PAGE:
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Chapter 12

This webpage reproduces a chapter of


The Story of the Ukraine
by Clarence Manning

published by
Philosophical Library
New York,
1947

The text is in the public domain.

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and I believe it to be free of errors.
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Chapter 14

 p164  Chapter Thirteen

The Society of Saints Cyril and Methodius

It was impossible under Russian rule to have any immediate hopes for the beginning of definite political activity and this was no more true for the Ukrainian population than for any of the other nationalities of the Russian Empire, including the Russians themselves. Even those scanty means of popular expression which had survived the reforms of the Congress of Vienna and the growth of reaction in Western Europe were here excluded.

It was impossible to shut out ideas. The years of conflict with Napoleon had shown to many of the Russian officers who had entered Paris with the victorious allies the difference between the situation in Russia and that in western Europe, and they willingly joined with the surviving older enlightened thinkers of the eighteenth century to make certain demands upon the government. The success of the United States as a republican federation affected many of them, and they began to dream of reorganizing their own country in the same fashion.

The result was the development of a number of secret societies modelled on the Tugendbund (League of Virtue) in Germany and the Carbonari in Italy. Most of them demanded at least the limitation of the power of the tsar and the granting of more or less definite rights to the rest of the population. Some even demanded the complete abolition of serfdom.

These societies, which were parallel to secret societies in Russian-occupied Poland, existed in all important garrisons of the Russian Empire. The Southern Society formed by  p165 Colonel Pestel among the Russian troops in Ukraine was the most radical of the entire number. Yet it cannot be said clearly that even this Society thought much of any special rights for Ukraine. It was composed largely of Russians or Russianized Ukrainians who had acquired rank and wealth in the Russian service, and they were not disposed in any numbers to do anything to harm the national unity. They made no effort to reach the masses of the people and win them over to any special cause. In a word these secret societies, instead of building on the past, sought rather to create something new and theoretically ideal.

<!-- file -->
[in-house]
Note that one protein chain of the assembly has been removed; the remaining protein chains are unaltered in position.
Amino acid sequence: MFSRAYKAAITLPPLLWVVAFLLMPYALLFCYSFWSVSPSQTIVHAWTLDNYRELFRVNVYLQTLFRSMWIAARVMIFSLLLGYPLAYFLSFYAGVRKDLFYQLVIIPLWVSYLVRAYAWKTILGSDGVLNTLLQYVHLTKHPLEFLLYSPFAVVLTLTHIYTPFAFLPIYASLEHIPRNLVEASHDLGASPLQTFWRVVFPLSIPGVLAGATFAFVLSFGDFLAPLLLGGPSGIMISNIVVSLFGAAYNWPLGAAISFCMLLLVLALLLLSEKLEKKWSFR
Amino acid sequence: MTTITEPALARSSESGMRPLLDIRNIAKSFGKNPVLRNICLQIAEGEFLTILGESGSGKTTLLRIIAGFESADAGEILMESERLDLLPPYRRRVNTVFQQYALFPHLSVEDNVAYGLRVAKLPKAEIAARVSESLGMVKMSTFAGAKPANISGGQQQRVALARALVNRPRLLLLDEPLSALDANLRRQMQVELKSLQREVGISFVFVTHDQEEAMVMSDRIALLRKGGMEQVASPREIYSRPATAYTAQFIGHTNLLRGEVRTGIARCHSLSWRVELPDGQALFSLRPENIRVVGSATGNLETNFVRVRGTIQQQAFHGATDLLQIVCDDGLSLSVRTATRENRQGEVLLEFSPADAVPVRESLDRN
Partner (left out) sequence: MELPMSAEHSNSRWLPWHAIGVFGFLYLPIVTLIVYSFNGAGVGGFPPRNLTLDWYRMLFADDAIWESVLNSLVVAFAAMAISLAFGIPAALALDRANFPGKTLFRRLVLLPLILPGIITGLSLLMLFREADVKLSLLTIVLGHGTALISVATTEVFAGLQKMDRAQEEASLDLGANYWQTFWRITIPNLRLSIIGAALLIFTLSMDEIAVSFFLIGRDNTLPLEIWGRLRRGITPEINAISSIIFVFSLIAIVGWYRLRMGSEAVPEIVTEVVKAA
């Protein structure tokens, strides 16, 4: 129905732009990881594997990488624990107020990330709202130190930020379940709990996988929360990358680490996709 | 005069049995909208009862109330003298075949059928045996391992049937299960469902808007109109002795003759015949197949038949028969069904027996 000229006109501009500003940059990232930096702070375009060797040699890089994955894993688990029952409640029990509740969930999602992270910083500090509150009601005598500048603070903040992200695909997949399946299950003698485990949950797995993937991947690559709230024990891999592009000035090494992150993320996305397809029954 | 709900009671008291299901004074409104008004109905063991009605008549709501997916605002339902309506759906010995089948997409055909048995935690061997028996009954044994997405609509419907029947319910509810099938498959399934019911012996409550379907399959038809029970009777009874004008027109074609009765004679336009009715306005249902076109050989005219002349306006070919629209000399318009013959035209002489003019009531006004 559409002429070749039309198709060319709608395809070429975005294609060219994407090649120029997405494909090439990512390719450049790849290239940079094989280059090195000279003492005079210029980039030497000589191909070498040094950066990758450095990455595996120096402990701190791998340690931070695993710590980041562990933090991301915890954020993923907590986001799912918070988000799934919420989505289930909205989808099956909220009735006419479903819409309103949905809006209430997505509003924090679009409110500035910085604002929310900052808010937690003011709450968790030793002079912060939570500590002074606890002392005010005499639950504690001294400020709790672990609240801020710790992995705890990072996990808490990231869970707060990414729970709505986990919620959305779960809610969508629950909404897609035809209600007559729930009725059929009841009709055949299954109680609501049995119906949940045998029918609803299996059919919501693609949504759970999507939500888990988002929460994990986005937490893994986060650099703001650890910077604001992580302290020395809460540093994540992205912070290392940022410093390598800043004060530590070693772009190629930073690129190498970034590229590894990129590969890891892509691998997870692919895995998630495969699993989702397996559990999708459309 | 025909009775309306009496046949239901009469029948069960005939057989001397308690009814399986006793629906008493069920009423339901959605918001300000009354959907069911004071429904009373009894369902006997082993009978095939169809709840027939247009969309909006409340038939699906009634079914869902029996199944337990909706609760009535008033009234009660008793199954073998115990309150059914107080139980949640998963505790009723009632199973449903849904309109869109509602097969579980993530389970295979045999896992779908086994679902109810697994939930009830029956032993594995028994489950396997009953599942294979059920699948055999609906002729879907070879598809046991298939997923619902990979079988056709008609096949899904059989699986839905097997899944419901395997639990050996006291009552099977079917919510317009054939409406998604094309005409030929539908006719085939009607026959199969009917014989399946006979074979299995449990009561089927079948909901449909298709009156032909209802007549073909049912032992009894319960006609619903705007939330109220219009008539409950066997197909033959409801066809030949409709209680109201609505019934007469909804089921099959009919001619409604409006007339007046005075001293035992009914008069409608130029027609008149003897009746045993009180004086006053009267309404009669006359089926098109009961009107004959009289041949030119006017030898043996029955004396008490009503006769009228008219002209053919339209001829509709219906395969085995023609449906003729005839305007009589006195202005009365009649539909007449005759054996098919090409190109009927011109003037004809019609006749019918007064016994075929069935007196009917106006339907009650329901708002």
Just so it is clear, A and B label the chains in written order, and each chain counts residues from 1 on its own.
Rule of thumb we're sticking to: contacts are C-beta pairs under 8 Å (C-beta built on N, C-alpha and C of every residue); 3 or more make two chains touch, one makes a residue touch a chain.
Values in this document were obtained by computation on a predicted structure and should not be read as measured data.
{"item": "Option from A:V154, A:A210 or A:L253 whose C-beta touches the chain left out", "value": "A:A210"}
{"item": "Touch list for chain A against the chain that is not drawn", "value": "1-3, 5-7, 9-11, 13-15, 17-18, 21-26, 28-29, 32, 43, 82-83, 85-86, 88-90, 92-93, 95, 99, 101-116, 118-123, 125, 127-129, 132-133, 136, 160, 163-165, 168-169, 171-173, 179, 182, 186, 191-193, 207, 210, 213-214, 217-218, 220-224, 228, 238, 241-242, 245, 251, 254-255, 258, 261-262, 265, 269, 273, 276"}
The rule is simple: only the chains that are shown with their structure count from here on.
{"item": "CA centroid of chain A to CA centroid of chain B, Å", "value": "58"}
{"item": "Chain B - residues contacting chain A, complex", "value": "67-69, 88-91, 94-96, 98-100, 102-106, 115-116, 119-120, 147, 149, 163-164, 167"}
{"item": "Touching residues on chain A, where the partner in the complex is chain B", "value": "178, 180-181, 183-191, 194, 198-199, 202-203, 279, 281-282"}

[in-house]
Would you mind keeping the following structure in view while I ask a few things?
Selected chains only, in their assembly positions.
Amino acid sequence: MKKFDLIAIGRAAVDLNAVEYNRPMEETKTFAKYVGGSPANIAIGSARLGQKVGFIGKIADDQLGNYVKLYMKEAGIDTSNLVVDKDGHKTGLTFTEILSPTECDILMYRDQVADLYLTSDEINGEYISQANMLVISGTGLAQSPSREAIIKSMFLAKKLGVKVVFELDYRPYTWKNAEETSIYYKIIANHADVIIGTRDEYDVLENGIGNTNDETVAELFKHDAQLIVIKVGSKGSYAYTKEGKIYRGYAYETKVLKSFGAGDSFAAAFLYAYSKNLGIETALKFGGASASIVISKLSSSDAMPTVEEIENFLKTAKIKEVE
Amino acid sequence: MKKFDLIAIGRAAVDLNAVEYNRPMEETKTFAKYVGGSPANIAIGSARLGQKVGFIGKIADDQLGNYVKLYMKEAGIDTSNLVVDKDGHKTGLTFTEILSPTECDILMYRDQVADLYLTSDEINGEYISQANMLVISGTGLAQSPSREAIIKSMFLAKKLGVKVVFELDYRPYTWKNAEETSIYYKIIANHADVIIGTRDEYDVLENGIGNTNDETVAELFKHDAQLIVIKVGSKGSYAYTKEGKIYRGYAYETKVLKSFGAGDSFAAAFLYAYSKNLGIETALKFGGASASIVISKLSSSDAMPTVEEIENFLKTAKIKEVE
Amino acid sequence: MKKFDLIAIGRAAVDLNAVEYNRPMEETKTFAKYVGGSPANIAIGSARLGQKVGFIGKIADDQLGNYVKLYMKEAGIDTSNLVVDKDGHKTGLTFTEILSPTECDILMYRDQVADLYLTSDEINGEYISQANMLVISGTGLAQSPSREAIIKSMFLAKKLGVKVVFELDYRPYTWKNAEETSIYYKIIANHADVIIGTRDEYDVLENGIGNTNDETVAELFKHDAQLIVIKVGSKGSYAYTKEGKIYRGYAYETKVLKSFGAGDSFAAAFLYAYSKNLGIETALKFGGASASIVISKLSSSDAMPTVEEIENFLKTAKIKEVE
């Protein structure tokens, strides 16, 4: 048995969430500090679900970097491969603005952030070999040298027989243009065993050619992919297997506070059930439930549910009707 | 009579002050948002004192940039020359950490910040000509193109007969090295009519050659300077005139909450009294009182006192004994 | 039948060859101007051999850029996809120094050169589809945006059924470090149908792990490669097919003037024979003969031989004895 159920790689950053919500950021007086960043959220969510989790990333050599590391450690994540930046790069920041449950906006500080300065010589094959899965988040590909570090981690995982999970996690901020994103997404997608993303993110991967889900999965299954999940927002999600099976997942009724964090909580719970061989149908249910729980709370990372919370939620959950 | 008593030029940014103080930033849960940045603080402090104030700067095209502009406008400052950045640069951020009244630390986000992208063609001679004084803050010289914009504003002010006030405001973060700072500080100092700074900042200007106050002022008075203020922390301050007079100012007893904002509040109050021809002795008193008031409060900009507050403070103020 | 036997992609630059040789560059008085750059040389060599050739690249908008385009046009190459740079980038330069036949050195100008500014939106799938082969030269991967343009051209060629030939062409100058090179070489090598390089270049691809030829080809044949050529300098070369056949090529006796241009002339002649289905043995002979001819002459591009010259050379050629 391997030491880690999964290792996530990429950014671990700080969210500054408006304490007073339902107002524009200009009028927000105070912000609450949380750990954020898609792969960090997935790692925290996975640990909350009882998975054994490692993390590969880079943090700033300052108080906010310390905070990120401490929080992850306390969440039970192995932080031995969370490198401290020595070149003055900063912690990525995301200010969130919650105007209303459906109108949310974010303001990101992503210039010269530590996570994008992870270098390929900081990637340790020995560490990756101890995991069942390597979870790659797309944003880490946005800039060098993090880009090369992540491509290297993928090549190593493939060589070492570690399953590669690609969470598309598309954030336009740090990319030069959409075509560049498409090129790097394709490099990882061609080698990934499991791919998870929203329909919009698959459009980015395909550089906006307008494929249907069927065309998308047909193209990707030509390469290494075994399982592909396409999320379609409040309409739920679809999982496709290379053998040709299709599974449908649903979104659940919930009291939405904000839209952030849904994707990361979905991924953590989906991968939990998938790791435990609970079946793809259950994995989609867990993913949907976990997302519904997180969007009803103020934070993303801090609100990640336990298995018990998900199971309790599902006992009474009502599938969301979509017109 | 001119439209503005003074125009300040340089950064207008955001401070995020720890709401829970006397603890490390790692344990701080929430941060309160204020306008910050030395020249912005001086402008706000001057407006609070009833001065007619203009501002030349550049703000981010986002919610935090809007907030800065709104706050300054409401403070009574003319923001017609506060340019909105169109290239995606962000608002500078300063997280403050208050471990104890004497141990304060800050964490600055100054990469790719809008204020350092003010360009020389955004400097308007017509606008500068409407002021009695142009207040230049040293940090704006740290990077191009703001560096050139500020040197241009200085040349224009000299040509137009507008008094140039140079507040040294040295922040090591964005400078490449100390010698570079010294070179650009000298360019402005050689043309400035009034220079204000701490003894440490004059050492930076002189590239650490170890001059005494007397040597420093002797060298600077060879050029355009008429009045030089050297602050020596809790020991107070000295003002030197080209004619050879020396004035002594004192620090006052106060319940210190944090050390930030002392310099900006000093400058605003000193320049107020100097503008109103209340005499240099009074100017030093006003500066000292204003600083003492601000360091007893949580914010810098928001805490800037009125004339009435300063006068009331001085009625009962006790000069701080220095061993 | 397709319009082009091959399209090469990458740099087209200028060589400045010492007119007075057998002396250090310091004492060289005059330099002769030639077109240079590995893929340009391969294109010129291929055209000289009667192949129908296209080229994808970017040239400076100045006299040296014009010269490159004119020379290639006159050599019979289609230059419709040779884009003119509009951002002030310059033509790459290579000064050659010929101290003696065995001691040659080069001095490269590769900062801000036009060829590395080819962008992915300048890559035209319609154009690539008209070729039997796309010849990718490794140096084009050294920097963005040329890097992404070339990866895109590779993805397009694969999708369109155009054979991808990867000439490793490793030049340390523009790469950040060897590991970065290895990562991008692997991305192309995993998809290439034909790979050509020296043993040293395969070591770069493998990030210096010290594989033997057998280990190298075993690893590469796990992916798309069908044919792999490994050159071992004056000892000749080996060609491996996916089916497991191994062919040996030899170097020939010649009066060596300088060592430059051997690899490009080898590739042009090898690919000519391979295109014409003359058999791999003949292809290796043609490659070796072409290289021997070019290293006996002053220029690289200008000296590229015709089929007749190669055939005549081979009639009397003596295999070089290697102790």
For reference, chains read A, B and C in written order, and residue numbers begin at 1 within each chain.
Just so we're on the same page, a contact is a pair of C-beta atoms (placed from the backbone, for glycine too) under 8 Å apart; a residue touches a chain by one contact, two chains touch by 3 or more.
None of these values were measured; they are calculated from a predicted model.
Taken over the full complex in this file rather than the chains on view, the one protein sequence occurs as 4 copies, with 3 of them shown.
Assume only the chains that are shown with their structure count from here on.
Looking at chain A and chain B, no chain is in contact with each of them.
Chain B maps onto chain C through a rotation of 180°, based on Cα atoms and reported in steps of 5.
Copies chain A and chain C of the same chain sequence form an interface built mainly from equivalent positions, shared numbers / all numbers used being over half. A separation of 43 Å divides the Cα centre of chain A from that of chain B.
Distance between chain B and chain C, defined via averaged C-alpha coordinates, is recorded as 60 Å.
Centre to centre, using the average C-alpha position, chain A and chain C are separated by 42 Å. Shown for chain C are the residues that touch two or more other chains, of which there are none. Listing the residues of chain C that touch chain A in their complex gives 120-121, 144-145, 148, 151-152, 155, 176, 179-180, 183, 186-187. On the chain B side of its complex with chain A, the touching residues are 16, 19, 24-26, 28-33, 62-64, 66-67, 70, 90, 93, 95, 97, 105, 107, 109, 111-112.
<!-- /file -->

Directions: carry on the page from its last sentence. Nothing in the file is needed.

Conditions came to a head on the occasion of the death of Alexander I, when there ensued a dynastic struggle. The succession should have gone to the next younger brother Constantine, but he had abdicated under confusing circumstances. Finally on December 14, 1825, when it became certain that he was not going to assume the power, the third brother Nicholas ordered the troops to swear allegiance to him. When part of the Guards Regiments in Petersburg refused, under the leader­ship of members of these societies, he suppressed the recalcitrants by military force. It is interesting that the only serious fighting was in Chernihiv, where the regular garrison revolted under the influence of Colonel Pestel and was almost wiped out by loyal troops. Yet it is difficult to say that this was a manifestation of a Ukrainian desire for independence, since it was closely tied up with the movement in St. Petersburg and there is little evidence that the leaders of the movement had given any thought to the nature of the decentralization which they wished to introduce.